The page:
11/1/18 Possibilities for Peace in the Long Postwar: Evolving Directions for WWII Memory in China, Singapore, and Japan

Thursday, November 1, 2018 1:00 PM – 2:15 PM

Chung-wen Shih Conference Room, Suite 503
The Elliott School of International Affairs
1957 E Street, NW
Washington, DC 20052

RSVP HERE!

The Sigur Center for Asian Studies  invite you to a discussion with Ms. Julia Lau – former lecturer at Georgetown University, The Catholic University of America, and McDaniel College in Westminster, MD. – to discuss her research into war memory in Southeast Asia and China

Light refreshments will be available. This event is public, but off the record and not for attribution to allow for candid discussion of Ms. Lau’s research.

About the Event:

This lecture examines questions and themes on war memory pertaining to Japanese Imperial Army actions in World War II on the Pacific front, including the Nanjing Massacre and the Occupation of Singapore. Building on book research and the speaker’s personal and field visits to war memorials and sites, museums, and other commemorative locations in China and Singapore, as well as the examination of a small selection of history textbooks for school children of both countries, the lecture focuses on the primary puzzle of why war memory differs in its tenor and expression in China and Singapore, despite similarities in the deprivations and suffering of their civilians during the war. A secondary question is how this affects Sino-Japanese relations and Singapore’s bilateral ties with Tokyo today. Some new directions might be emerging with regard to how younger citizens of China (including the Chinese diaspora) and Singapore who have no direct or received experience of the war or Occupation are finding ways to reconcile their views on Japanese actions in WWII, while juggling conflicting tensions between nationalism and pacifist globalism or regionalism.

Specific sites of war memory discussed include the Museum of the War of Chinese People’s Resistance Against Japanese Aggression in Wanping, China; the Japanese Cemetery in Singapore; Yasukuni Shrine and the Yushukan War Museum in Tokyo, and various other war-related sites and memorials. This lecture also draws upon working papers that the speaker has presented at past conferences, including the annual conference of the Association for Asian Studies and its regional conferences.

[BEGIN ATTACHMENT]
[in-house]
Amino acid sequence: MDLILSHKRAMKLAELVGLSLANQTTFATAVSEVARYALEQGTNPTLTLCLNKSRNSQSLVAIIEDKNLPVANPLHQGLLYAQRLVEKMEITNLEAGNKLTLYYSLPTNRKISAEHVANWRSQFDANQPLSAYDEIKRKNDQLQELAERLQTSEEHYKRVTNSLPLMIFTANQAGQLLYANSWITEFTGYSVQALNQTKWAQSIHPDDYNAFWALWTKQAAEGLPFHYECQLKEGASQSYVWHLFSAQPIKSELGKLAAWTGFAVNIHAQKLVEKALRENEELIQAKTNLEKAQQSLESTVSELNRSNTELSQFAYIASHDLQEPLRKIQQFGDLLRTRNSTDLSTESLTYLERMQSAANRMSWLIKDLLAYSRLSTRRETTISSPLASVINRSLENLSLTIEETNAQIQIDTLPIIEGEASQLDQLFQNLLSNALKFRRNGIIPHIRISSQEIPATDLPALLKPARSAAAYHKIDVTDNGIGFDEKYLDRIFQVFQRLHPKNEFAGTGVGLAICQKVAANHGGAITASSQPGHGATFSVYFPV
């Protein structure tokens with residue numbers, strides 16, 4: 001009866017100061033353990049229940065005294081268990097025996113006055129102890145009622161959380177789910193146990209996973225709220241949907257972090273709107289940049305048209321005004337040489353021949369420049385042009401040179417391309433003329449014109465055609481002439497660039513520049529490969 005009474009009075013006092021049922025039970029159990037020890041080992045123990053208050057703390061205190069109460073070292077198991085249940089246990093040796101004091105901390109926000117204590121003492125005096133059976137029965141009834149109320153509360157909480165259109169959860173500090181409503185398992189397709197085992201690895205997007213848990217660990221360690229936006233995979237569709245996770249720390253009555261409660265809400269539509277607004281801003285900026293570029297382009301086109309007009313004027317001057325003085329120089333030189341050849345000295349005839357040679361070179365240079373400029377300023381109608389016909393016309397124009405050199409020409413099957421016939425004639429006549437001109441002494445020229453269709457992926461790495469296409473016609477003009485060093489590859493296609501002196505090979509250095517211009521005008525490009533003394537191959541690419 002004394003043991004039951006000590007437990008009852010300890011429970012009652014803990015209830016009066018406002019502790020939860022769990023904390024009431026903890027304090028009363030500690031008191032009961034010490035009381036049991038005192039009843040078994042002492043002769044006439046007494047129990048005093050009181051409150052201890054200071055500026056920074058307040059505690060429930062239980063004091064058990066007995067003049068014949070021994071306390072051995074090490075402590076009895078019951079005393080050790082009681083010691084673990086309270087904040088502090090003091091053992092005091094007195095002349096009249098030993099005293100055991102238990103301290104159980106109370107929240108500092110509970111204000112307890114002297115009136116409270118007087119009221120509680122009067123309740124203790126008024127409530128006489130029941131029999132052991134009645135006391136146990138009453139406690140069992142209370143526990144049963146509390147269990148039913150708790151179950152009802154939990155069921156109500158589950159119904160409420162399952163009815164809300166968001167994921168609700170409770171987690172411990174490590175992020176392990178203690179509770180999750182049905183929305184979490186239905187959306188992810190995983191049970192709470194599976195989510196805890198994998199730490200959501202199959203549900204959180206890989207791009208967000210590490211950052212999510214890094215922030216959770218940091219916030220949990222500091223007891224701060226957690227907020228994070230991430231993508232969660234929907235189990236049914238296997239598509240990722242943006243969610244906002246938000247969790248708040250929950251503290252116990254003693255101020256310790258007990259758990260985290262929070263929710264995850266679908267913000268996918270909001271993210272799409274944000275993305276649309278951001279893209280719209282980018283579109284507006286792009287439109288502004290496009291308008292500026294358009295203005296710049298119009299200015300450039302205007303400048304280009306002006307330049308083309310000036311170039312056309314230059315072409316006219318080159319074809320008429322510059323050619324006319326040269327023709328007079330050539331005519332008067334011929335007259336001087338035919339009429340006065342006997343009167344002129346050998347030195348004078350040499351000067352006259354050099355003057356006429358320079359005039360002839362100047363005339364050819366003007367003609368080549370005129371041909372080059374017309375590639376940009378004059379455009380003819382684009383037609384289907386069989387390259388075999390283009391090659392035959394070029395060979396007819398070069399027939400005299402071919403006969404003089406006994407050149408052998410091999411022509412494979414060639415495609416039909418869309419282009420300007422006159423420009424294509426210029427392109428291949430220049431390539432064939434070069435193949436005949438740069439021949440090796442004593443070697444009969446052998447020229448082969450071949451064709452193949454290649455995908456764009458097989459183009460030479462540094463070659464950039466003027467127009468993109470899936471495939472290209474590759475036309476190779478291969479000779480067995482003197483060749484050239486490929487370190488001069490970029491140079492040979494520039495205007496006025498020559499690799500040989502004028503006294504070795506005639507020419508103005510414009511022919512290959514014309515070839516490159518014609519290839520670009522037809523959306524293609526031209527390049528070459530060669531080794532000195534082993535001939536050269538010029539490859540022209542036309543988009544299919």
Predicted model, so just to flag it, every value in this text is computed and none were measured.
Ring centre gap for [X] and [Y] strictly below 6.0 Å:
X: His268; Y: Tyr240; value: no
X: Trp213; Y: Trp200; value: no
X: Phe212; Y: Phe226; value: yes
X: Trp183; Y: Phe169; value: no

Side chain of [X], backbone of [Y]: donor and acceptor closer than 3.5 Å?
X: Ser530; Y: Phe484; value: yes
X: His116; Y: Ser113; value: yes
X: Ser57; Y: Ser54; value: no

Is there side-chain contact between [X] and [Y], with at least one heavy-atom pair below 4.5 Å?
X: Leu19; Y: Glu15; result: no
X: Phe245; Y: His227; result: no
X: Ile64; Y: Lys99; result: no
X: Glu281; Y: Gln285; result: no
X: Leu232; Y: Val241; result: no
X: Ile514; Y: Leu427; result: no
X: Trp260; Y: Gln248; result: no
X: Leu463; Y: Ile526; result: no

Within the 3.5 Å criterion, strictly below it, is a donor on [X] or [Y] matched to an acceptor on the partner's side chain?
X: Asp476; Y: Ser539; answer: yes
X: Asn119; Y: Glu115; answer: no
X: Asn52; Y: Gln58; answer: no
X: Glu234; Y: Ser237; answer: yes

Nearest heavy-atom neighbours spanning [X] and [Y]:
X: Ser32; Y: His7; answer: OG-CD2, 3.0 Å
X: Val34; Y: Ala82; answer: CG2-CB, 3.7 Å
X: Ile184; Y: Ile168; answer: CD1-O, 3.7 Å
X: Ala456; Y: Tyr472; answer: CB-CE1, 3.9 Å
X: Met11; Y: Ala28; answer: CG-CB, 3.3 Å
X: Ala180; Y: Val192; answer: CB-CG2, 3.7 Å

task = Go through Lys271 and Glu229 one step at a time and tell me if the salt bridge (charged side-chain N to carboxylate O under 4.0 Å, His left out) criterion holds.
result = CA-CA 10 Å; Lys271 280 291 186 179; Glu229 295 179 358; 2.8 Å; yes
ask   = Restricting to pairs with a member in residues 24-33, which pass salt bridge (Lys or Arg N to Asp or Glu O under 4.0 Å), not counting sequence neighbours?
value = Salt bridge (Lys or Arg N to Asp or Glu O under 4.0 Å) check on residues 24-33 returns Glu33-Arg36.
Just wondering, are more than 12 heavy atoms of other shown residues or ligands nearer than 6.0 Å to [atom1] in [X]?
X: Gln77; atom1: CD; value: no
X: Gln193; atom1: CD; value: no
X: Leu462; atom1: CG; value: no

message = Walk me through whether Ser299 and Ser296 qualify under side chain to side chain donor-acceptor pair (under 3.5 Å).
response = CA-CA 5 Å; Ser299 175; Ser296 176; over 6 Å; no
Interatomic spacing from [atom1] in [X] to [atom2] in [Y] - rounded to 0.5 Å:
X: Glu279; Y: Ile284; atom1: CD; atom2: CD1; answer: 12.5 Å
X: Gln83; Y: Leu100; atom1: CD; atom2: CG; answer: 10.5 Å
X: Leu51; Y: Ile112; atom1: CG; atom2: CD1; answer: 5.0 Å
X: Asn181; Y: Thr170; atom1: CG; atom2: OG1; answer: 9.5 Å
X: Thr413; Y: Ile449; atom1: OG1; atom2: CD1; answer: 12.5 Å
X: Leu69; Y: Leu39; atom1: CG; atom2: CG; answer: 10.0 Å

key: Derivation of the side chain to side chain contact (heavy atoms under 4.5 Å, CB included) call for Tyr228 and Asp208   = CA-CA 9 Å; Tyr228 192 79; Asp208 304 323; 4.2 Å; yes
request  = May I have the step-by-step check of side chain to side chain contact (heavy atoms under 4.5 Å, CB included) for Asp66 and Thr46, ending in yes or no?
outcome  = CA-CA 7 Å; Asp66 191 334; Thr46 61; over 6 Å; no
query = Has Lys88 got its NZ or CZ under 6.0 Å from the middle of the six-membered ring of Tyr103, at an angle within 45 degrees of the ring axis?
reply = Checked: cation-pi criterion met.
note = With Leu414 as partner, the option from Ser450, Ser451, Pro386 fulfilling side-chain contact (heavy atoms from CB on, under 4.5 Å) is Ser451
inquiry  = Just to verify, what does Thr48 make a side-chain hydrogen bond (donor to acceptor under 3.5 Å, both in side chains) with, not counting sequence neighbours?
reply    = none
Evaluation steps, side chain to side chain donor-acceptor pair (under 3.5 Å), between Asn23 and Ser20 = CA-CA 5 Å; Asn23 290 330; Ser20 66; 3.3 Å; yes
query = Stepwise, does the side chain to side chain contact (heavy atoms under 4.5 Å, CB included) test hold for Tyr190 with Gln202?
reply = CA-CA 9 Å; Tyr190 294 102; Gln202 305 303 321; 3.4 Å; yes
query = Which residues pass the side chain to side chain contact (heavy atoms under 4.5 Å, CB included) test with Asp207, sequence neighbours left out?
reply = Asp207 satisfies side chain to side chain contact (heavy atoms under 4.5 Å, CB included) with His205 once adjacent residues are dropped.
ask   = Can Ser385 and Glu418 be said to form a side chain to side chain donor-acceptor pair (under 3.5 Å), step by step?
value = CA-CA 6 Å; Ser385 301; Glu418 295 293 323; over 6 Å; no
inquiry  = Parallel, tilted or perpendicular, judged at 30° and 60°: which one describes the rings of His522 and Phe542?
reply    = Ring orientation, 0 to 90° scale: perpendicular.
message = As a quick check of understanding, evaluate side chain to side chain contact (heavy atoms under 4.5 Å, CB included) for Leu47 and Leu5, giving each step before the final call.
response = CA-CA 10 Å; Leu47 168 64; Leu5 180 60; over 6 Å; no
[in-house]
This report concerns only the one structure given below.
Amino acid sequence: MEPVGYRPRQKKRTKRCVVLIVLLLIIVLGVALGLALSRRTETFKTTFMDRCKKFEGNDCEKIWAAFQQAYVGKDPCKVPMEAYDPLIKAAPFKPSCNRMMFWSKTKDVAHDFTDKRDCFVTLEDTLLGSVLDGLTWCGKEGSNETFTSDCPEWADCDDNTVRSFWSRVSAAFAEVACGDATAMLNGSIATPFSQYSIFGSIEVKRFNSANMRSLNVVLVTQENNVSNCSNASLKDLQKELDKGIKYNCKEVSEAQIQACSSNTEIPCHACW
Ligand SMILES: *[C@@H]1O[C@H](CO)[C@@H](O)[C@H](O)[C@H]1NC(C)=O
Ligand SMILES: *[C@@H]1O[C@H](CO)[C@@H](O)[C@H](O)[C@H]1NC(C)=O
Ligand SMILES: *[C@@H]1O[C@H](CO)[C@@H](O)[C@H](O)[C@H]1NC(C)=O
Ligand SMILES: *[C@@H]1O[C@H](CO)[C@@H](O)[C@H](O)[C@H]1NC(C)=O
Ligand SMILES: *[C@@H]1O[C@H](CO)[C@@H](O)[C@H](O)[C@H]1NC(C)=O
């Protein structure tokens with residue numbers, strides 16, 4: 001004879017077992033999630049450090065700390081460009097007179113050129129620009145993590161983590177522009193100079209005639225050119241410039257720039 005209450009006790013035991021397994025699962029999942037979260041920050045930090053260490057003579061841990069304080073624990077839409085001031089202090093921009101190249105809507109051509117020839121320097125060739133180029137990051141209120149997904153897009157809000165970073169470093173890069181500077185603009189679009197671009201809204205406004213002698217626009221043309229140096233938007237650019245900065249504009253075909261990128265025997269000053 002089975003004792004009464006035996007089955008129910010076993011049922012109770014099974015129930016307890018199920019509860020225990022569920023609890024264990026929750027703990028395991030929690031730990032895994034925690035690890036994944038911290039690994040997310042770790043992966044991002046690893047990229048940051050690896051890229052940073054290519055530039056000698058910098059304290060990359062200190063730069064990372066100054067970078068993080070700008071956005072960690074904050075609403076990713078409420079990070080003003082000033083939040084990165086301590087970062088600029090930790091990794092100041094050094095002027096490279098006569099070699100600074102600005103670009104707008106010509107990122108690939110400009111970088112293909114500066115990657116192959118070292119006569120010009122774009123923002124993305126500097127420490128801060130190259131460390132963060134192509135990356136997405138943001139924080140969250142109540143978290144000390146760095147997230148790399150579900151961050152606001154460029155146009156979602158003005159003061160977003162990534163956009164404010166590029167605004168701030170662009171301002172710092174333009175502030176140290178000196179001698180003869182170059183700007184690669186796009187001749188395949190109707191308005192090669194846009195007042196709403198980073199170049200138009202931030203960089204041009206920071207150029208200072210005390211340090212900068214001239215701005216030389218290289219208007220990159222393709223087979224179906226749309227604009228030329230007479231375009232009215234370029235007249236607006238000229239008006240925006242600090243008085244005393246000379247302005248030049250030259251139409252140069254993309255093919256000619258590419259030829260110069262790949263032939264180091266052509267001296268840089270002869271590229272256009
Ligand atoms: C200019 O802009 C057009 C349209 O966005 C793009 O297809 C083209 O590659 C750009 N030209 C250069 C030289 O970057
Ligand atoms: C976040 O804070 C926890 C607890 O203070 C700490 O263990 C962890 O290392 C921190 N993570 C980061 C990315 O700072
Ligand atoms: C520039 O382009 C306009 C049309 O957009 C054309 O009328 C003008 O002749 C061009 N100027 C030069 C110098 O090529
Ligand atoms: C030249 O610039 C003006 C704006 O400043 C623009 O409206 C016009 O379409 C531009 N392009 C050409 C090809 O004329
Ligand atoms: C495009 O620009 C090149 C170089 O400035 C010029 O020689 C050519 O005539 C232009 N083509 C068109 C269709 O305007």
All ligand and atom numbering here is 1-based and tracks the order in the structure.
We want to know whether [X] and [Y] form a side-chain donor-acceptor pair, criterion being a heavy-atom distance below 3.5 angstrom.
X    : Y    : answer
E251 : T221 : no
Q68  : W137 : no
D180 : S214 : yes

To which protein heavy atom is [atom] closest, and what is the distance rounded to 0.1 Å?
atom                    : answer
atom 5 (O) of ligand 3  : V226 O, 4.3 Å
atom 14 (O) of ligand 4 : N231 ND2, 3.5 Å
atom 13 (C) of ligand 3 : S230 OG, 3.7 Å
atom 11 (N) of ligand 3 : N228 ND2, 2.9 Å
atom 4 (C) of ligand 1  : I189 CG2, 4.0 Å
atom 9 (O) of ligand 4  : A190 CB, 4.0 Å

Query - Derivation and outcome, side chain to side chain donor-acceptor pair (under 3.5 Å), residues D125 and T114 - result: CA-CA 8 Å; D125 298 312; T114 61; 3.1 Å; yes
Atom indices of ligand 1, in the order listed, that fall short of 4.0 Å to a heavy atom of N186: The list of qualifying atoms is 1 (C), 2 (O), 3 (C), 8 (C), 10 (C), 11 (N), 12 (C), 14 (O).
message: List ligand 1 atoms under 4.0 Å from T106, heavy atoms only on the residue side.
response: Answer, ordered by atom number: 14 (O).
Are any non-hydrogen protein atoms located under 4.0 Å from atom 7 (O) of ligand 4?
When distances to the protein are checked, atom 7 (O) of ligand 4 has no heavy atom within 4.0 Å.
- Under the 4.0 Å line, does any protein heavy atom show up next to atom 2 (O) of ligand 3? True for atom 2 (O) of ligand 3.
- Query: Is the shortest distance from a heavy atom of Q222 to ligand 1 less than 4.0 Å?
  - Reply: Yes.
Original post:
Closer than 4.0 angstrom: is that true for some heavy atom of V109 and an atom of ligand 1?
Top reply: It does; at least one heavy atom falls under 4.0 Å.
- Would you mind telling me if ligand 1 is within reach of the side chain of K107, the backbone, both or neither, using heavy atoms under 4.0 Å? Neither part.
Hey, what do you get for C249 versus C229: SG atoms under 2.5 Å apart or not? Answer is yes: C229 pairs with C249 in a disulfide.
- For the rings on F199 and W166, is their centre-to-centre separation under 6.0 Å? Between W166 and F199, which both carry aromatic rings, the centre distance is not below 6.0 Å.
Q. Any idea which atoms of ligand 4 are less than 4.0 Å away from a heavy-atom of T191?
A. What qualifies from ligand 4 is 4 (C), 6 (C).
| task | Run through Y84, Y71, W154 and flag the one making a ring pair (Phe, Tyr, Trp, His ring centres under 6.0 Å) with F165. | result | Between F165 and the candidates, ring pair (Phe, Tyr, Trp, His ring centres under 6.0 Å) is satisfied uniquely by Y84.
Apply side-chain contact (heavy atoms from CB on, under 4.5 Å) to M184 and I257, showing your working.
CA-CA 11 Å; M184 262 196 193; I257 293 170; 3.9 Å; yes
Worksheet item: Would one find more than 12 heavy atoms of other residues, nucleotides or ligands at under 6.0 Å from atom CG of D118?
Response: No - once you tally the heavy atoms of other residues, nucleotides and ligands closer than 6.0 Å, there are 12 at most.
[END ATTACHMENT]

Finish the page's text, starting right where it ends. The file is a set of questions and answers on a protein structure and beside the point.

About the Speaker:

Julia M. Lau is now an independent scholar and writer based in Phoenix, AZ. A native of Singapore, she attended the National University of Singapore and Georgetown University, and has graduate degrees in law, security studies, and government. She has taught as a lecturer at Georgetown University, The Catholic University of America, and McDaniel College in Westminster, MD. Her current research interests include war memory in Southeast Asia and China, and gender politics. She is also a member of the American Political Science Association’s status committee on Contingent Faculty,
advocating for better working conditions and understanding of contingent and adjunct faculty in the political science profession.

About the Speaker:

Julia M. Lau is now an independent scholar and writer based in Phoenix, AZ. A native of Singapore, she attended the National University of Singapore and Georgetown University, and has graduate degrees in law, security studies, and government. She has taught as a lecturer at Georgetown University, The Catholic University of America, and McDaniel College in Westminster, MD. Her current research interests include war memory in Southeast Asia and China, and gender politics. She is also a member of the American Political Science Association’s status committee on Contingent Faculty,
advocating for better working conditions and understanding of contingent and adjunct faculty in the political science profession.

About the Moderator:

Professor Ronald Spector received his B.A. from Johns Hopkins and his MA and Ph.D. from Yale. He has served in various government positions and on active duty in the Marine Corps from 1967-1969 and 1983-1984, and was the first civilian to become Director of Naval History and the head of the Naval Historical Center. He has served on the faculties of LSU, Alabama and Princeton and has been a senior Fulbright lecturer in India and Israel. In 1995-1996 he was Distinguished Visiting Professor of Strategy at the National War College and was the Distinguished Guest Professor at Keio University, Tokyo in 2000. At the Elliott School, Spector offers undergraduate and graduate courses on US-East Asia Relations, World War II, and the Vietnam War as well as a graduate seminar on Naval history and one on strategy.

Image above: The Civilian War Memorial, Singapore, by moonlight. Original photo found here
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